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A 59-year-old Indian male patient presented to our clinic with sudden-onset, painless diminution of vision in the right eye for the last 1 week. Records from previous follow-up (2 months back) showed that his vision was 20/200 right eye (OD) and 20/80 left eye (OS). He had no known systemic medical conditions. He was diagnosed as a case of right eye pseudophakia with polypoidal choroidal vasculopathy (figure 1A), as evidenced by his previous fundus fluorescein angiography (FFA) (figure 1B), indocyanine green angiography (ICGA) (figure 1C) and swept source optical coherence tomography (SSOCT) (figure 2A,C). He has been on regular follow-up for the same condition for the past 4 years. During the course, he had received four intravitreal antivascular endothelial growth factor (anti-VEGF, aflibercept 2 mg in 0.05 mL) injections, with the last injection being administered 4 months back.
On ocular examination, his best-corrected visual acuity was hand movement close to face OD and 20/80 OS. Intraocular pressure was 16 mm Hg OD and 14 mm Hg OS. On slit lamp examination, presence of hyphema (figure 3A) was noted in the right eye obscuring the details of the rest of the anterior segment. The anterior segment of the fellow eye was unremarkable. Ocular ultrasonography showed the presence of moderate amplitude spikes in the vitreous area suggestive of haemorrhage in the right eye (figure 3B). Dilated fundus evaluation of the fellow eye showed a sharply delineated area of geographic atrophy (hypopigmentation with apparent absence of retinal pigment epithelium (RPE) (figure 4A). Fundus autofluorescence imaging of the same showed sharply demarcated area of hypoautofluorescence (figure 4B) with window defect on FFA due to atrophy of the overlying RPE (figure 4C). ICGA excluded the presence of any secondary choroidal neovascular membrane in the left eye (figure 4D). SSOCT of the left eye (figure 2B,D) revealed thinning of the hyper-reflective external band due to RPE/Bruch’s membrane complex attenuation. Thus, we made a diagnosis of right eye hyphema with vitreous haemorrhage (VH) secondary to polypoidal choroidal vasculopathy and left eye geographic atrophy.
In view of the normal intraocular pressure and the absence of endothelial staining, the patient was medically managed for hyphema with topical steroids (prednisolone acetate 1%), mydriatic (homatropine 2%) and antiglaucoma (timolol 0.5%), and was given propped-up positioning. The patient is being followed up weekly. A surgical pars plana vitrectomy has been planned as the next step after the clearing of hyphema.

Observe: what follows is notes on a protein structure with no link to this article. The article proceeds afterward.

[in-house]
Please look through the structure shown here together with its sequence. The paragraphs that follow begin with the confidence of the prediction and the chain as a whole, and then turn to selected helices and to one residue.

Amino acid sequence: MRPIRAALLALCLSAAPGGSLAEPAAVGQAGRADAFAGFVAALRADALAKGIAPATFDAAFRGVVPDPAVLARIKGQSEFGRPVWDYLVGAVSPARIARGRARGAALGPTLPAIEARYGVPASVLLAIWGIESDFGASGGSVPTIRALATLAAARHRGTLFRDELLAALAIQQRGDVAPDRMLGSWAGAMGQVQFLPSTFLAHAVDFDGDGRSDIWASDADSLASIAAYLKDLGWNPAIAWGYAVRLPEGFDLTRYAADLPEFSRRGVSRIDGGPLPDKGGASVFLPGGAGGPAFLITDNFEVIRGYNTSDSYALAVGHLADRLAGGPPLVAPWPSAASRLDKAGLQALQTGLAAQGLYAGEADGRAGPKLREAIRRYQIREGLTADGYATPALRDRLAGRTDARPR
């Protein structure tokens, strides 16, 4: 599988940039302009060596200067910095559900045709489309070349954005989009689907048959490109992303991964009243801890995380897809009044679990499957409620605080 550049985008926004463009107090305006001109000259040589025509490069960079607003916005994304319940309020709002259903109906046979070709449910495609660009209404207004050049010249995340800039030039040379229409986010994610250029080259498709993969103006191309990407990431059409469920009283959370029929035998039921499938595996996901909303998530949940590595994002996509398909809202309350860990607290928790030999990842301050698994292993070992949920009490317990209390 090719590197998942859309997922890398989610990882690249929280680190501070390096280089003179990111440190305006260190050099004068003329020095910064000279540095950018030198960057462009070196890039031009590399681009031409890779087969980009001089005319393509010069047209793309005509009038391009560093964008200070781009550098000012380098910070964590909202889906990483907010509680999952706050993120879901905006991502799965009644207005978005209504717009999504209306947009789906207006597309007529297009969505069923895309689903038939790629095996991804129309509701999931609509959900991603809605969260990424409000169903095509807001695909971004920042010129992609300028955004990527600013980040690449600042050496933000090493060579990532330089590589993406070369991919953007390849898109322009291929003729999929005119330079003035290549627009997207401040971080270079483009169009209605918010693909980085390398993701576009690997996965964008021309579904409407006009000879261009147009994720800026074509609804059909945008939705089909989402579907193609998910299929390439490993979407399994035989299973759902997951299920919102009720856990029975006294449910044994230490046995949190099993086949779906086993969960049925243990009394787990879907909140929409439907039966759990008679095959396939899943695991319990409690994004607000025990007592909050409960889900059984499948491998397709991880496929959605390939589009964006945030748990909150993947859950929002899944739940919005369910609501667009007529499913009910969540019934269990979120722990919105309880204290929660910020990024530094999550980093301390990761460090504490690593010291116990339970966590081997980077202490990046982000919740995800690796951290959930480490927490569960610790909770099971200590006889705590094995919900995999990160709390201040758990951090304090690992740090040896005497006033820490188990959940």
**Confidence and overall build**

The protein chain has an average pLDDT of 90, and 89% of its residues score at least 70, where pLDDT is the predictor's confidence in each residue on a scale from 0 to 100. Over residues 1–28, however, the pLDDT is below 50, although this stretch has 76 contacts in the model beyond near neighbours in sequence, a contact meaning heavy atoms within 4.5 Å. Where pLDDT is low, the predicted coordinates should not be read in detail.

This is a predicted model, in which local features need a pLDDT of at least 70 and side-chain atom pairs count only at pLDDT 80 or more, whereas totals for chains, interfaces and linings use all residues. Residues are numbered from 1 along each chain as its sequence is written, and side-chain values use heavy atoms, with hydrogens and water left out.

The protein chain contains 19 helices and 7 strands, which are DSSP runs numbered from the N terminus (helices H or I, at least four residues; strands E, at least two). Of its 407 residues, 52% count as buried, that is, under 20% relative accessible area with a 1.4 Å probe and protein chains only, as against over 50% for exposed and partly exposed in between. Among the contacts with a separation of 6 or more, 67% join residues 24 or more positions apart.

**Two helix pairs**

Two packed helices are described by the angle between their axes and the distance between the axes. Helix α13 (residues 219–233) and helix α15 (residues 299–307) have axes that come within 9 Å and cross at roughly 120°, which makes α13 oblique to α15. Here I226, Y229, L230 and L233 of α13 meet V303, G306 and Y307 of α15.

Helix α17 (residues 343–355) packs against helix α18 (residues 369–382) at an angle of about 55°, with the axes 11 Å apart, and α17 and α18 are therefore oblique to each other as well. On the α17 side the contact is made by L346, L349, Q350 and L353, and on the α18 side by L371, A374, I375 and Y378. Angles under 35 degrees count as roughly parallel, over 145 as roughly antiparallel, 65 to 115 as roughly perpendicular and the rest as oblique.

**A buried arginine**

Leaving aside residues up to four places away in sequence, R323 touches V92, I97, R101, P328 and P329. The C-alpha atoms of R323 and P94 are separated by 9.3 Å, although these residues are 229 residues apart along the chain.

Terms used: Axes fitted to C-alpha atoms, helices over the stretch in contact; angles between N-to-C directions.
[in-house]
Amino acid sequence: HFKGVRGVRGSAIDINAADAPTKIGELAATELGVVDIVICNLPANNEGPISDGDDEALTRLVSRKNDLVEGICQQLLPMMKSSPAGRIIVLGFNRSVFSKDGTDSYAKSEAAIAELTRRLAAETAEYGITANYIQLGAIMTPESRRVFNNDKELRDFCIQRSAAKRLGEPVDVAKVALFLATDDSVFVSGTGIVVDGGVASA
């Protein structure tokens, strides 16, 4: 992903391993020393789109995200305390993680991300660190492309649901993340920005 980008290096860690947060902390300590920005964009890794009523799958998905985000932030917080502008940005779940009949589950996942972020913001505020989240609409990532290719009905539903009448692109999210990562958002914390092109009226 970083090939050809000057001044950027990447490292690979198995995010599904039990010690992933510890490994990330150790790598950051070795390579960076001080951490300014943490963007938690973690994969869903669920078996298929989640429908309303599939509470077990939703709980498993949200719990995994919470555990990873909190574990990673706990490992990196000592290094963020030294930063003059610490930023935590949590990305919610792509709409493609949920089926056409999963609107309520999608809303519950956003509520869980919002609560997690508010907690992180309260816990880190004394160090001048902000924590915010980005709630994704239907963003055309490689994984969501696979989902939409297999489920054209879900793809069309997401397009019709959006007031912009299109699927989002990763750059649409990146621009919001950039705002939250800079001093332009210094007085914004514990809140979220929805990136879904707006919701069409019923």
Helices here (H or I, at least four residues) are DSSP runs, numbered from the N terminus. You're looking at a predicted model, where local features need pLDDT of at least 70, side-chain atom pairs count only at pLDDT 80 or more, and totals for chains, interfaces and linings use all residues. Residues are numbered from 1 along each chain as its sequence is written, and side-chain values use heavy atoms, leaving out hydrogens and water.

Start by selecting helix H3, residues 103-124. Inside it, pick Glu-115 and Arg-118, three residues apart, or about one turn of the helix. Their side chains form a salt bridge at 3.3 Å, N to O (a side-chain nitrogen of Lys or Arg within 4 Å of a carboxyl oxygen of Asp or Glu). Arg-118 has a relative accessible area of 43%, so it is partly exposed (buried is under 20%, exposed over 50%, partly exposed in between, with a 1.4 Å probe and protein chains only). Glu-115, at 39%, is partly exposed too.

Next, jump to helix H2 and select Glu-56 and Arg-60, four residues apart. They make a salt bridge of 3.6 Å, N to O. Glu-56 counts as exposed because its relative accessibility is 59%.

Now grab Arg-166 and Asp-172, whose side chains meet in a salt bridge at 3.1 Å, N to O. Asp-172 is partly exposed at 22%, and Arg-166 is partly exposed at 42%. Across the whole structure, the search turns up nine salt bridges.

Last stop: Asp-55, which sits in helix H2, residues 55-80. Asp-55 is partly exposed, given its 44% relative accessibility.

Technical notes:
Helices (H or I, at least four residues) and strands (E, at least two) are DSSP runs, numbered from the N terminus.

Polypoidal vasculopathy (PCV) is a disease of pachychoroid spectrum primarily involving the choroidal circulation. It is characterised by the aneurysmal bulge of the inner choroidal vessel endings, which are clinically visible as reddish-orange polyps.1 Spontaneous rupture of these venules and occasionally arteries is not uncommon, and may lead to massive breakthrough subretinal and/or vitreous haemorrhage causing a sudden, painless vision loss. This can occur as the initial presentation of the disease or during the course of follow-up. PCV-related breakthrough VH can also develop following photodynamic therapy (PDT), intravitreal injection of anti-VEGF agents, pneumatic displacement of submacular haemorrhage, or combined therapy with PDT and anti-VEGF agents.2 The occurrence of breakthrough VH, subretinal haemorrhage and suprachoroidal haemorrhage is known in PCV, but anterior chamber hyphema secondary to PCV-related VH has not previously been described. We presume that the amount of breakthrough VH in our case was extensive enough to pass through the weakened zonules in pseudophakic eye and appears in the anterior chamber. In this case, the breakthrough bleed was likely a spontaneous event, and not triggered by intravitreal injection that was administered 4 months before the bleed. VH due to intravitreal injection mostly occurs early (within 1–4 days of drug administration).2 3 There are variable reports on the visual outcome in patients undergoing vitrectomy for VH in PCV.1 2 Visual recovery after pars plana vitrectomy is mainly limited by macular involvement and the presence of subfoveal or juxtafoveal polyps.2
Polypoidal choroidal vasculopathy with vitreous haemorrhage can rarely present as hyphema.
Thorough work-up is warranted to identify the underlying cause.
Management of hyphema is usually conservative; subsequent pars plana vitrectomy is needed for clearing of vitreous haemorrhage.
Contributors AK: concept and design. SKP, RD, KS: design, data collection and review.
Funding The authors have not declared a specific grant for this research from any funding agency in the public, commercial or not-for-profit sectors.
Competing interests None declared.
Patient consent Obtained.
Provenance and peer review Not commissioned; externally peer reviewed.
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